Now, why is that? Because at warmer temperatures, the molecules have more energy, and therefore, they move faster and move more rapidly.
Now, let’s just carry on, on to my favorite topic, which is fire. This flame here represents — This flame here represents one of the greatest traditions of the human race, and that is, of course, our ability to make fire.
We know that in East Africa, where the first ancient civilizations were 100,000 years ago, people were able to make a fire and sustain a flame. I’m now going to just show you how 10,000 years ago, for thousands of years, flames burned like this.
This is a piece of cotton wool, and you will notice, it’s a dreadfully boring flame. It just burns like – Why is that? Well, because the cotton wool is surrounded by air. Air only contains 20 percent oxygen. It was only realized that air is a mixture of gases about 300 years ago, and we’ve been on this planet for a hundred thousand.
And once chemists had discovered that oxygen is the vital component of air that makes things burn better, they started either combining fuels with oxygen, or mixing them with oxygen. And here I’ve got a piece of cotton which has been chemically combined with oxygen.
Please watch how differently this burns. And we put it into here. And you notice – it’s blown the flame out. I knew it would blow the flame out. That’s adding an extra three seconds on to my talk. Never mind, we shall quickly – I was ready; I had my matches.
Now, what I wanted to show you, I’ve just shown you the world’s first high explosive, nitrocellulose, or guncotton. I’d love to do an explosion with it, but I can’t; we don’t have the time. I’m going to show you a propulsion.
This here is a mortar. It’s a type of device which is used for propelling fireworks high into the sky. I’m not going to prepare fireworks, I’m going to propel ping pong balls. Sorry, I’ve got four ping pong balls in my pocket here. I have a guncotton cage here – dropping it to the bottom – sorry, has it gone to the bottom? I don’t know. Too bad.
I’m going to force it to the bottom. I’m sorry. I’m struggling a bit against the odds and against time. Let me just – there we are. I think it’s gone to the bottom. If it hasn’t, too bad. We’re going to shove a fuse in there, and that will hopefully, when this goes off, we’ll see it going up to the – we’ll watch the ping pong balls fly out, if they managed to reach the bottom. If they didn’t, that’s too bad; then, we won’t see anything.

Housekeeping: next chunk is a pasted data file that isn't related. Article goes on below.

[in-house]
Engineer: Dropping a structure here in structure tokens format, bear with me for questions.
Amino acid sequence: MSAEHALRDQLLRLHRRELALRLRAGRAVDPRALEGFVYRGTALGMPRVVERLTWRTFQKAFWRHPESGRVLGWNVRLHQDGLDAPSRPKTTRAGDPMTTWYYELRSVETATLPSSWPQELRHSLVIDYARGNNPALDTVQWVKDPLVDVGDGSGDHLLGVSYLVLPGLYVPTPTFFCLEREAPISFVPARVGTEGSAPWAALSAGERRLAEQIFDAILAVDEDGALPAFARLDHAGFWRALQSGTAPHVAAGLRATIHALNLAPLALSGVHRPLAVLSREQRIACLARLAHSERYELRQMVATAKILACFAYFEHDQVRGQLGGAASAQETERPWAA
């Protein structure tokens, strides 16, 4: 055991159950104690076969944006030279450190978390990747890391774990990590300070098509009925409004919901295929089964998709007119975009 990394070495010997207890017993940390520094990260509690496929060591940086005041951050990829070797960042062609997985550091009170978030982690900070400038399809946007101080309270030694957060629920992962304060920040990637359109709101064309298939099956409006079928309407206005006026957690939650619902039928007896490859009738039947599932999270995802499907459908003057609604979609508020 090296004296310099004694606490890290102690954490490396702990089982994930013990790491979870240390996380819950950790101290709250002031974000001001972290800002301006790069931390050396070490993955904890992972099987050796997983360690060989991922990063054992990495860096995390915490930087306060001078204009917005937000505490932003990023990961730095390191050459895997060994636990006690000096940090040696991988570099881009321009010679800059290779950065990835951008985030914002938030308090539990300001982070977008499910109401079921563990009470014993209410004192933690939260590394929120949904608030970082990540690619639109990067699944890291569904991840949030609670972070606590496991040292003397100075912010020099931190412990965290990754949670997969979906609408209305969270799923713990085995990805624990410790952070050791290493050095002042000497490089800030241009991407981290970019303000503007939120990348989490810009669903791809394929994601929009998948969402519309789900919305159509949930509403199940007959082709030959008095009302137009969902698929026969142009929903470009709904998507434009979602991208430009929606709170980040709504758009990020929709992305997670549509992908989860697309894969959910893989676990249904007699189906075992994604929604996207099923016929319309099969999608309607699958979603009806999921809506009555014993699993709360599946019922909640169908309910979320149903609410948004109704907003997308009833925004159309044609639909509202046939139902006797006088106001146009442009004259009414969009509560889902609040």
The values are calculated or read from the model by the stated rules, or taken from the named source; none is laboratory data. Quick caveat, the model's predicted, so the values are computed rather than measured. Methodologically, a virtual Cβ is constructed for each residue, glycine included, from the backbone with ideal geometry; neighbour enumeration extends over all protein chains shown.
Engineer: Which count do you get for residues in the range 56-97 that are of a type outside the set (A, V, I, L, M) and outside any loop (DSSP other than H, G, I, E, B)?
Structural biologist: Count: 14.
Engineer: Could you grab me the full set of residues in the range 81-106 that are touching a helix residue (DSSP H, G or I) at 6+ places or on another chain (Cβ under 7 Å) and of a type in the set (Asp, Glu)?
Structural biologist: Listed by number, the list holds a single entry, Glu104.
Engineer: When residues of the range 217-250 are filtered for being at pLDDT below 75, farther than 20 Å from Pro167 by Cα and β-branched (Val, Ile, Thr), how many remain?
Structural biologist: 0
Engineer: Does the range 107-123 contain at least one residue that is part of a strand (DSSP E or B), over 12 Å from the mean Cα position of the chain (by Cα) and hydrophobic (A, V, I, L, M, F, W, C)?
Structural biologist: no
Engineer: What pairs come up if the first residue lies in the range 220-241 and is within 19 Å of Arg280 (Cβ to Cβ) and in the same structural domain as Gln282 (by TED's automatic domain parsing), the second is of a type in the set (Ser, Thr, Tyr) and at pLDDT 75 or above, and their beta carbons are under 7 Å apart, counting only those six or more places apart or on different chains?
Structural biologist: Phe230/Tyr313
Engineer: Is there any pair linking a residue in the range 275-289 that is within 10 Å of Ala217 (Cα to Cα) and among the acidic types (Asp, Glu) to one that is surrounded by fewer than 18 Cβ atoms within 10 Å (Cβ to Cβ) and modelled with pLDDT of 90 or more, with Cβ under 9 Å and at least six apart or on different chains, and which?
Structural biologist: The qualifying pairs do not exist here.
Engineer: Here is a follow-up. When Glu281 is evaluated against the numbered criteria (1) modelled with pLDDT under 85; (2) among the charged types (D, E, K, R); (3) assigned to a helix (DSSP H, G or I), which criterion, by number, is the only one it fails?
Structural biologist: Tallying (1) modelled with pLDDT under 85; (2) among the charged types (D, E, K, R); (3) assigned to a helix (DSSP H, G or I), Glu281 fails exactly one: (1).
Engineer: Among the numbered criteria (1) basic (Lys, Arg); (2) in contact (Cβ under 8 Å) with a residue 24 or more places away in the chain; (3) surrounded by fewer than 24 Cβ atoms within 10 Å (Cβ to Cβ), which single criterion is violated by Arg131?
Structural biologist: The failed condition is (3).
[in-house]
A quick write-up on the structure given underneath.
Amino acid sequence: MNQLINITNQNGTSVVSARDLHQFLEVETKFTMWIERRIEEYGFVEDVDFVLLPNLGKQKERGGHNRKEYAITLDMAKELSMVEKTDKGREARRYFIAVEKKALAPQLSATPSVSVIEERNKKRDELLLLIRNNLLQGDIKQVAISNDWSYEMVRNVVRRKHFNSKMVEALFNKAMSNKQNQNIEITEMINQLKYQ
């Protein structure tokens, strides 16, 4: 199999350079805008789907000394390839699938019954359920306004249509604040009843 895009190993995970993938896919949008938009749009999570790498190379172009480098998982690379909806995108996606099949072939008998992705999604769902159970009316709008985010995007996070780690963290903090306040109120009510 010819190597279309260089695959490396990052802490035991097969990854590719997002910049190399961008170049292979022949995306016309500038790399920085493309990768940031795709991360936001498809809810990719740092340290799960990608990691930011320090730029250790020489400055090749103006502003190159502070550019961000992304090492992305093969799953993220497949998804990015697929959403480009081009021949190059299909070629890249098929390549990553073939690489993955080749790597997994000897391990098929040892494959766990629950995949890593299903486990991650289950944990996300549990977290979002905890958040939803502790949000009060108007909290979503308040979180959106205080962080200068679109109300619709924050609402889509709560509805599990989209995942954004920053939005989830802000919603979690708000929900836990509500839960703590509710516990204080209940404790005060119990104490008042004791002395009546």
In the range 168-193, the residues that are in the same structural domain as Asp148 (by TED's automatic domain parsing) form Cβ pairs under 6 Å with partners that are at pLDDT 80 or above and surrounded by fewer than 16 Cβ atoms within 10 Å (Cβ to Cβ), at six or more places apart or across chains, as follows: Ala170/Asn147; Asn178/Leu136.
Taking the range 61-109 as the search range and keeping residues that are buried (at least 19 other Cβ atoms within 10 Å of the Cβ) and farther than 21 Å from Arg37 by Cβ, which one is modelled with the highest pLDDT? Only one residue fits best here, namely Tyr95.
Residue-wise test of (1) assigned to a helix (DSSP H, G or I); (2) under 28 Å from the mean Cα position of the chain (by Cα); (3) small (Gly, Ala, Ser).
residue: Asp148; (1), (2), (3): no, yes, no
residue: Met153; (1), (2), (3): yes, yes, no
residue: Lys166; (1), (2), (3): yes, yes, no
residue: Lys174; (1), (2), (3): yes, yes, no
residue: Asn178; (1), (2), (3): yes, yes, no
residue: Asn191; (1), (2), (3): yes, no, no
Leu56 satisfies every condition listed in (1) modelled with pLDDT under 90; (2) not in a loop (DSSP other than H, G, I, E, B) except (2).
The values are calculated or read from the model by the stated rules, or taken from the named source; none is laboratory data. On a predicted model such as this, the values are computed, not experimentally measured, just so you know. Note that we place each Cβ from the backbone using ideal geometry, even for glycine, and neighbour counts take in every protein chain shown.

But there goes our fuse, hopefully – come on, catch fire; time’s running short. Theory, theory. This is a very bad piece of fuse. Sorry. I’m going to have to put my fingers on and lift. There we go.
Now, on to the final things here. Here we have – there we are. I don’t know whether – did anything happen? Yes, they went up. Now, here we have – sorry – very quickly, we have here a balloon filled with hydrogen – caused a complete sensation among scientists, the lightest gas in the universe – going off. That’s pure hydrogen. This is thunder air, aria tonante, a mixture of hydrogen and oxygen. That makes that much louder.
Now, for my very fine work, I have here a mixture of hydrogen and oxygen. I have a fuse which I’m going to make here, and this will be my final experiment. We’re going to have a thunder and lightning effect here. We’re going to have thunder – sorry, everything is going mad. Let’s get rid of this balloon; it’s getting in my way. Now, here we are.
I’m going to make up some flash powder, fuse powder. This is going to be – so, to summarize, what have I been talking about? Chemistry.
What have I been selling to you? Chemistry, in simple and direct language, chemistry for all.
So here we go. Fingers crossed. (Bang) And there it is! So thank you very much. Thank you very much indeed. I wish you all the very best. Thank you for your kind attention. Thank you very much indeed. Thank you so much. I did 15 minutes on the dot. We’re still in one piece. I wish you the very, very best. Very, very many thanks indeed.